The Lasting Power of Nonviolent Resistance—Part 2

Political scientist Erica Chenoweth discusses recent trends in nonviolent resistance, the flip side of social media, and how successful terrorism really is.

Image of graffiti with the message the revolution will not be tweeted

By Michelle Nicholasen

This is the second of a three-part series with Erica Chenoweth about her work on nonviolent resistance. Read the first part here

When she started her predoctoral fellowship at the Belfer Center for Science and International Affairs in 2006, Erica Chenoweth believed in the strategic logic of armed resistance. She had studied terrorism, civil war, and major revolutions—Russian, French, Algerian, and American—and suspected that only violent force had achieved major social and political change. So, when a workshop challenged her to prove that violent resistance was more successful than nonviolent resistance, she thought: of course. The question had never been addressed systematically, so she and her colleague Maria J. Stephan turned it into a research project.

For the next two years, Chenoweth and Stephan collected data on all violent and nonviolent campaigns from 1900 to 2006 that resulted in the overthrow of a government or territorial liberation. They created a dataset of 323 mass actions, and, leaving no angle unexamined, Chenoweth analyzed and regressed nearly 160 different variables related to success criteria, categories of participants, state capacity, and more. The results turned Chenoweth’s long-held paradigm on its head—in the aggregate, nonviolent civil resistance campaigns were far more successful in effecting change than violent ones. 

Q: The main argument of Why Civil Resistance Works is that nonviolent campaigns have a higher rate of success than violent ones. The data in your book start in 1900 and end in the early 2000s. Is this trend still holding up?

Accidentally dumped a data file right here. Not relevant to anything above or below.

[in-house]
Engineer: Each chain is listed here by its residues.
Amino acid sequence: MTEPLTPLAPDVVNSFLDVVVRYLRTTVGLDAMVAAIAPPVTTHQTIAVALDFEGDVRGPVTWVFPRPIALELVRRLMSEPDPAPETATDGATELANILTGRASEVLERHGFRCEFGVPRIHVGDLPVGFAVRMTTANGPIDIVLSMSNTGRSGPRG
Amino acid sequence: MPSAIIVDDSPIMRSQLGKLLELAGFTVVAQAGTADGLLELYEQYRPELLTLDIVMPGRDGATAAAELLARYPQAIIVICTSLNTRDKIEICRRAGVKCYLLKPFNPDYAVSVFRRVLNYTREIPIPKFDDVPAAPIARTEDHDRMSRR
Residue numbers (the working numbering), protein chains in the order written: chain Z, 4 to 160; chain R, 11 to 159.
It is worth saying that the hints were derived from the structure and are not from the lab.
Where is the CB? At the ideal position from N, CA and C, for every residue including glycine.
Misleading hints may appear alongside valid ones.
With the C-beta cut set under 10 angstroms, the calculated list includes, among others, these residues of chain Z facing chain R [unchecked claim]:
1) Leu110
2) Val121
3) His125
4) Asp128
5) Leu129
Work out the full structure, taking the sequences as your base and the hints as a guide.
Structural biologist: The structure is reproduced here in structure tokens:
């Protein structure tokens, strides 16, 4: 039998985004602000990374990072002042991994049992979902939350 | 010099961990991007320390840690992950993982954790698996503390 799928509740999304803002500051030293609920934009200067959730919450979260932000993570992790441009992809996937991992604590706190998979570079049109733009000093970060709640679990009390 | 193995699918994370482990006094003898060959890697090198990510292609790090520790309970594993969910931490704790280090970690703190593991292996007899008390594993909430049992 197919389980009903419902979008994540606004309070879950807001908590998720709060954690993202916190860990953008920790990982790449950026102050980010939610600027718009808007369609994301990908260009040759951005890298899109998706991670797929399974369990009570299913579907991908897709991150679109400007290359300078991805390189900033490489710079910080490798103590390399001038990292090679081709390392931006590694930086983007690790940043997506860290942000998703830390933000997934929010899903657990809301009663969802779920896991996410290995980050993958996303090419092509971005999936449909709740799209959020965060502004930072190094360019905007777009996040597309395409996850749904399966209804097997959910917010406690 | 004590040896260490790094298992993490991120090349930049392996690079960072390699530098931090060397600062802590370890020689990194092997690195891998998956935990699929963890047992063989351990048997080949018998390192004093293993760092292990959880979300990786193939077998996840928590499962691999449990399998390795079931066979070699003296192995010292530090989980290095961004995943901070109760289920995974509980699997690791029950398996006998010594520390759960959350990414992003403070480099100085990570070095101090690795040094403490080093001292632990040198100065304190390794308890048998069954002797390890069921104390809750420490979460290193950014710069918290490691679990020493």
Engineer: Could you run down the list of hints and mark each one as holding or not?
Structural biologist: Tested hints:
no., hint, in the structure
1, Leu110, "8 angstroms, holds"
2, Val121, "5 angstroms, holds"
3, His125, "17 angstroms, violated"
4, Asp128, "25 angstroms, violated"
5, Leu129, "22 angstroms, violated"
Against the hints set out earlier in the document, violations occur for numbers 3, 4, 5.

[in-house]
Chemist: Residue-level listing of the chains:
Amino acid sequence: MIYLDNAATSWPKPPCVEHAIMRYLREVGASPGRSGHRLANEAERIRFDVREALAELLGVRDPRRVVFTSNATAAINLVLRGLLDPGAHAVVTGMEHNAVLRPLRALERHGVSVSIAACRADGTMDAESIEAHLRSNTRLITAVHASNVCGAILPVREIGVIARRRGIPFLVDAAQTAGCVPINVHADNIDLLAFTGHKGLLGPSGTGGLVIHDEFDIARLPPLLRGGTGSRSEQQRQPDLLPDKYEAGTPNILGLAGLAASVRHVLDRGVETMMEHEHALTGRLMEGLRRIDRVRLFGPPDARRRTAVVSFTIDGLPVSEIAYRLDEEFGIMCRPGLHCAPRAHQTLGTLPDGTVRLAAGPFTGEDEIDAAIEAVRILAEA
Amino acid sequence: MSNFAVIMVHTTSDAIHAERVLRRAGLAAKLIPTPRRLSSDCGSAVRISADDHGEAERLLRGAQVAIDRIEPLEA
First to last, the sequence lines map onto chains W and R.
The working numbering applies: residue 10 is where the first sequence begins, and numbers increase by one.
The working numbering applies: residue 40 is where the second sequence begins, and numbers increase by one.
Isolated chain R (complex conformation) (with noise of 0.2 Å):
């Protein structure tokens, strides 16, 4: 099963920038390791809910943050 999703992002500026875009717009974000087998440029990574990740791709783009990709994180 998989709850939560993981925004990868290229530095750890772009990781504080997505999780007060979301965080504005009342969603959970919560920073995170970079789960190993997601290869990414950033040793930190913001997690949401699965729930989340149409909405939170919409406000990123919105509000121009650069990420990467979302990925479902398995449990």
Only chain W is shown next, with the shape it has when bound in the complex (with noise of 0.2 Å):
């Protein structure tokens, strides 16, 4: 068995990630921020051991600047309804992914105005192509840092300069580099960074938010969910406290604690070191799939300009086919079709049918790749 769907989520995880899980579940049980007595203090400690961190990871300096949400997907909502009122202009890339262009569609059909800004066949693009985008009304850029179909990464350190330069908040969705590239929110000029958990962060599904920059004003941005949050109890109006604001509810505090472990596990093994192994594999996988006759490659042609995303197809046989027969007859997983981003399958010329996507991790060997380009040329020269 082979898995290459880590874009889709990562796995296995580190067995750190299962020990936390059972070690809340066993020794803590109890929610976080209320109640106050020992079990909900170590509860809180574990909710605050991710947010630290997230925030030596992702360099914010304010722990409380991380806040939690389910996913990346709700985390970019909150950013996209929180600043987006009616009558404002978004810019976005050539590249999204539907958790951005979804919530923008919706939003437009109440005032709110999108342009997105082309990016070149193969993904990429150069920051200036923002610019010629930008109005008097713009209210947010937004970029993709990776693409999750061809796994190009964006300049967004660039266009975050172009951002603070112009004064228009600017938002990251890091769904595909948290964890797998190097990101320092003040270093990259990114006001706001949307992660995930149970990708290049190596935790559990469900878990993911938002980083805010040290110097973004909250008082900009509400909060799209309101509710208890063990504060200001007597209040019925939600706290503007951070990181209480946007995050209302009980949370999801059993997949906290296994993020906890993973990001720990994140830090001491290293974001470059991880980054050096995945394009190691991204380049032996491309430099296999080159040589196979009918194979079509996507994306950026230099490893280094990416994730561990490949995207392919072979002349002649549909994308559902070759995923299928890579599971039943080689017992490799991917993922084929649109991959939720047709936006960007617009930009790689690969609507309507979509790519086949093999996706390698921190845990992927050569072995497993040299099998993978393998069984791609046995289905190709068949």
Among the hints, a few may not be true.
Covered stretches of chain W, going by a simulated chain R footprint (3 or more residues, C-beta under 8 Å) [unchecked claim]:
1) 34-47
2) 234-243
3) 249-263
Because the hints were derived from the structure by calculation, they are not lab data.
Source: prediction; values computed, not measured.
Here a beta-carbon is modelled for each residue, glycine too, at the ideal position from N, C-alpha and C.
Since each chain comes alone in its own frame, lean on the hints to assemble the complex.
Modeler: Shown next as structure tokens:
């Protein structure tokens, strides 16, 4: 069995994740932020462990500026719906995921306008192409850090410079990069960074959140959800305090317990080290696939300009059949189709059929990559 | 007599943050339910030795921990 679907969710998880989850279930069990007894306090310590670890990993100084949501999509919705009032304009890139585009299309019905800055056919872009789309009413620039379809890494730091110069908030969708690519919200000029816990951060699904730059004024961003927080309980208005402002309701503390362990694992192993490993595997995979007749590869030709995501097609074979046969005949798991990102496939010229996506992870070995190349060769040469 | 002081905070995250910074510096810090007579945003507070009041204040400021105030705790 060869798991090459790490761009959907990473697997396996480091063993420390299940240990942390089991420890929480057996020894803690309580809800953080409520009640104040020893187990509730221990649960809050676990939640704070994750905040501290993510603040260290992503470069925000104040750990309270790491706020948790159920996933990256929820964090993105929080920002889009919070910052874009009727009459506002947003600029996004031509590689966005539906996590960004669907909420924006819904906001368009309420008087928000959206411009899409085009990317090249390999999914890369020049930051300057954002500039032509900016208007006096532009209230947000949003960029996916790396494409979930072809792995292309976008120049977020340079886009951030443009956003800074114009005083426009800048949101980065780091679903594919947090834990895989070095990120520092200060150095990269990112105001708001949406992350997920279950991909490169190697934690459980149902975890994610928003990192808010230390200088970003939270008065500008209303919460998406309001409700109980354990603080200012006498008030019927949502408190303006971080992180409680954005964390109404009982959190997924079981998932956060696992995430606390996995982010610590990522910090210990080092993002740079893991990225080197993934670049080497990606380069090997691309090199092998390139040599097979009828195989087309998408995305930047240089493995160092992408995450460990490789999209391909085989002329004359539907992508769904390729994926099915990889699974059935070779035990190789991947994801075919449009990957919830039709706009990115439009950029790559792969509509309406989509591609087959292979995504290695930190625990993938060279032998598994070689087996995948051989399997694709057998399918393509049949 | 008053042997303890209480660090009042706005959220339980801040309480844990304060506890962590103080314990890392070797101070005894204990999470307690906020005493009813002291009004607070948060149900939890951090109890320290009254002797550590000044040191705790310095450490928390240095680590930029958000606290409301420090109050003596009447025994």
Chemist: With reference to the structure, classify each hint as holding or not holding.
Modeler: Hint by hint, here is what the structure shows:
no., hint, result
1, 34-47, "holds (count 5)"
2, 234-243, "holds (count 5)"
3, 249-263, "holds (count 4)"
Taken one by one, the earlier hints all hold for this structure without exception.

A: I have some preliminary data that run through 2017, and it's still the case that nonviolent resistance campaigns of a maximalist nature like the ones in the book are lots more successful than violent ones. However, they're not as absolutely successful as they were in the period that we looked at in our book. The average rate of success over that century was about 50 percent. And in the past eight years it's dropped down to 33 percent. However, the average success rate for violent campaigns dropped from 27 to 10 percent. It’s actually surprising because in absolute terms both types of resistance have become less effective this decade, but nonviolent resistance is now three times more effective than violent resistance. Therefore, the relative gap between effectiveness has increased.... Read more about The Lasting Power of Nonviolent Resistance—Part 2

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More Care for the Kids, Better Careers for the Moms

New research shows that affordable and expanded daycare coverage in Norway has prompted more mothers to return to the workforce—and other countries may want to replicate their success.

Image of woman helping child with coat in classroom

By Michelle Nicholasen

To American parents struggling to find affordable childcare solutions, Norway might seem like a utopia: a place where parents who want affordable daycare, get it—or receive a cash payment if they don’t use it. 

Norway has long provided subsidized daycare for children aged three and older. But the years between 2002 and 2008 were a time of sweeping reform. In 2002, the government increased federal financing for daycare, and it expanded full-time daycare services to include babies at the tender age of one. The aim was to get more mothers back into the workforce. 

To find out if this radical reform achieved its goals, Weatherhead Center Postdoctoral Fellow Øyvind Skorge, and his colleague Henning Finseraas, both researchers at the Institute of Social Research in Oslo, evaluated and measured the effects that the reform had on working women. Their study found that expanded full-time daycare not only helped women attain higher level positions, but also increased their aspirations about work.... Read more about More Care for the Kids, Better Careers for the Moms



Epicenter is an online publication that provides commentary and analysis on issues that transcend borders. Our team of writers and editors works with academic specialists to help bring clarity to complex global issues. The Weatherhead Center for International Affairs is committed to Harvard's tradition of fostering innovative, timely, policy-relevant scholarly activities that help us all make sense of the world.